2005-06 Restoration

The current restoration envisions taking the L. L. Steward House as close to its 1914 origin as feasible.

We've removed 1947 and 1985 walls and doorways (rerouting a good deal more plumbing, electrical and ventilation than anticipated); removed popcorn ceilings and fluorescent lights; restored and hung 1910 to1915 vintage light fixtures; sistered in floor joists; added a 10 inch glue-lam beam to firm up the upstairs ceiling where an original load-bearing wall was removed (in 1947?); stripped, patched, sanded and refinished floors (oak downstairs, fir upstairs); and stripped wood trim (generally, the public areas featured stained wood, the family areas painted). And lots of plaster.

In the northeast (back) corner, we've removed the 1947 door and replaced it with a salvaged window of the same dimensions and style as the original, and added a new (to us) back door in place of the window in the 1947-added bath; a new pergola graces the back door, constructed of the same dimension timbers as the original front pergola.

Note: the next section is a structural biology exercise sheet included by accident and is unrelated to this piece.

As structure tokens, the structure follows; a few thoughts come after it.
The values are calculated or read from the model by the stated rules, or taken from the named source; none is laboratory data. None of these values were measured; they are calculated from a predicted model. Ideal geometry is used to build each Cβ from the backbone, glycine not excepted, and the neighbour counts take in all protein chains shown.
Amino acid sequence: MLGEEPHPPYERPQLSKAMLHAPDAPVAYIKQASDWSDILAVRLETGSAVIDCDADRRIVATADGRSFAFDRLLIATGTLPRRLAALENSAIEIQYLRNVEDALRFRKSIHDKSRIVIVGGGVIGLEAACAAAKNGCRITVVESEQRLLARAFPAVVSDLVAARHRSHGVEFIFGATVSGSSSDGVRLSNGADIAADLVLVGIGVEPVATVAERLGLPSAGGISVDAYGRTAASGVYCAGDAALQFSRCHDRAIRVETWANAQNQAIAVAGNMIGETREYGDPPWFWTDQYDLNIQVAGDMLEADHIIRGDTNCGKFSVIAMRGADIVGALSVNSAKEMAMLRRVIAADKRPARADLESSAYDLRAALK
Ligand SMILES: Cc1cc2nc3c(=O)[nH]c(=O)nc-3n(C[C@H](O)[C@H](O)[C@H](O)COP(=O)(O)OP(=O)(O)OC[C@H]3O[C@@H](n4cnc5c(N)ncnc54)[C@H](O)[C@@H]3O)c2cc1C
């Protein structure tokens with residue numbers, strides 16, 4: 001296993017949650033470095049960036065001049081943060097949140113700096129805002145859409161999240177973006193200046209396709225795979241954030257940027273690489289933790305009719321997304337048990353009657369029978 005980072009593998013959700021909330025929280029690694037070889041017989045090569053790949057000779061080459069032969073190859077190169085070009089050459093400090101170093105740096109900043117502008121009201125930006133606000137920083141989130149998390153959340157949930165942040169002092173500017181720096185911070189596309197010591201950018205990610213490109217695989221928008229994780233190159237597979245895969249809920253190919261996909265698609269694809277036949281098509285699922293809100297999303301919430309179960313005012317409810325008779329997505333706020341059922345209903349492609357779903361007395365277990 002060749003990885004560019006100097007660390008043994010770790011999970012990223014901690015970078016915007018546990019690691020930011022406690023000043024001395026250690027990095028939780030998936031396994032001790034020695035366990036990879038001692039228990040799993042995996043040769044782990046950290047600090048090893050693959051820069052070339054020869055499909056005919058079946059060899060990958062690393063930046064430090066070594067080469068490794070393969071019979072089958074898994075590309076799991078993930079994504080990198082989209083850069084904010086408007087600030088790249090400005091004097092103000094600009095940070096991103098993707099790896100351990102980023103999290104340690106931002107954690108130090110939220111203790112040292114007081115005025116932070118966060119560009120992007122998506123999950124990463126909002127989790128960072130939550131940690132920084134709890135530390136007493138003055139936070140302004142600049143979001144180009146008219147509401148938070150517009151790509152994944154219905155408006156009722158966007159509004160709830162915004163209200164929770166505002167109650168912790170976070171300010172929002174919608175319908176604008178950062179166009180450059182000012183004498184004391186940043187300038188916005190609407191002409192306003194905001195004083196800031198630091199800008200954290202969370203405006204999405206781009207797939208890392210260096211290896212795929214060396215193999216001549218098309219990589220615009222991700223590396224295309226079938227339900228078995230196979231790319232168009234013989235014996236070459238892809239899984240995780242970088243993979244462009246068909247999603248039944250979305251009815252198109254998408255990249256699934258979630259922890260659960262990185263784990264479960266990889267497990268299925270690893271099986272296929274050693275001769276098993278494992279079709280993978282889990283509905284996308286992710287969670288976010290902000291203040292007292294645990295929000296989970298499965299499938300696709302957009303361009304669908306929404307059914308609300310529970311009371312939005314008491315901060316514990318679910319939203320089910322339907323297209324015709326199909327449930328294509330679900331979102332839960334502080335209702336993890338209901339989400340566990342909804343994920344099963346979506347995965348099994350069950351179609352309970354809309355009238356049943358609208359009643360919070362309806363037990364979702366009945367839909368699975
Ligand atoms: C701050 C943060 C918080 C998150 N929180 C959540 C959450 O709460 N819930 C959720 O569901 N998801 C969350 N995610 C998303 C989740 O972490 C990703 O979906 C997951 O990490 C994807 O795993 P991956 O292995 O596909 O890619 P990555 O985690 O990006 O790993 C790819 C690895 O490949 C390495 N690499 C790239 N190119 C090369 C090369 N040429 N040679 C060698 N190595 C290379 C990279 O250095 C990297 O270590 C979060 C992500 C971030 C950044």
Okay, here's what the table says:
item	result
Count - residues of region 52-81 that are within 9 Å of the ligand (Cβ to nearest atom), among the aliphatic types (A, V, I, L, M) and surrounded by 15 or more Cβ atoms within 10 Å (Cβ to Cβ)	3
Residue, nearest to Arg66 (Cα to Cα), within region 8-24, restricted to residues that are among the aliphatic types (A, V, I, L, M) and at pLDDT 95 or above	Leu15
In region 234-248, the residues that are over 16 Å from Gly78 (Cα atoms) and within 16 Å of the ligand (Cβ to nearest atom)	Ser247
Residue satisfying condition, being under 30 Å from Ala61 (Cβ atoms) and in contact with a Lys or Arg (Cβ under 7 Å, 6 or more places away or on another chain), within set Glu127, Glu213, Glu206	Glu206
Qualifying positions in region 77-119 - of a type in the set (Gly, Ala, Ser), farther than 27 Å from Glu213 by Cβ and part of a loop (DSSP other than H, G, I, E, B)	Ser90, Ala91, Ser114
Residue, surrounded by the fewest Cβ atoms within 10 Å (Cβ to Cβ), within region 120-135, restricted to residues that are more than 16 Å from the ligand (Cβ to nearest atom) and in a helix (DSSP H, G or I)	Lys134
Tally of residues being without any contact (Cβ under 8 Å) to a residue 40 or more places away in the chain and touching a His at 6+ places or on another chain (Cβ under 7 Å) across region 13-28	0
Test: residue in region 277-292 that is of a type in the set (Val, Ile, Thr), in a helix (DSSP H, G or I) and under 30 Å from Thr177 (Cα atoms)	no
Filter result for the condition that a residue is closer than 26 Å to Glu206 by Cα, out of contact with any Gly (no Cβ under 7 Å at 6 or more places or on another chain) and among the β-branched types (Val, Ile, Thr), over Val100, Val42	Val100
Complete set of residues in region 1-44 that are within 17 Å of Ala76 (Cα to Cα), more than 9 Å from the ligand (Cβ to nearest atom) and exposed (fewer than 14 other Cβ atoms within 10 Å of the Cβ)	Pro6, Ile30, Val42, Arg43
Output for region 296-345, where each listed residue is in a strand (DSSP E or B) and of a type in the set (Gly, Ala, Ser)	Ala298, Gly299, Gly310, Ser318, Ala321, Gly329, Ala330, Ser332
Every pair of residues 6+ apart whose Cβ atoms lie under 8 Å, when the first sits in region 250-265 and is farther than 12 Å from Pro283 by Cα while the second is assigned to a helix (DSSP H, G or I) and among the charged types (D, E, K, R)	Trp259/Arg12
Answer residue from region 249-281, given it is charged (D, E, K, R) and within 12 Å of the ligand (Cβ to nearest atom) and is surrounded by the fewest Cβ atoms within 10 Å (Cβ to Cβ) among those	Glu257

Recently, we've removed the roof from the southwest (front) pergola and demolished the closet along the driveway (west) wing of the pergola (the roof was added and the closet enclosed in 1947), and re-created the French doors between the dining room and the west wing of the pergola. Soon, we'll re-create the (most likely) French doors between the dining room and the foyer, and install a salvaged period door and sidelights in place of the original door and sidelights (or French doors) leading from the parlor to the back garden (now via the 1947 addition).

On the exterior, with the help of an Exterior Rehabilitation Grant from the City of Phoenix, we've re-roofed (dimensional shingles similar in color to the original cedar), repaired stucco and woodwork, re-painted, and stripped and stained the original front door. Major restoration work went into woodwork, hardware and textured stucco to bring the restored porch and wrap-around pergola back to their original appearance and function. A new beadboard ceiling replaces the drywall in the main porch, and prairie-style lighting completes the picture.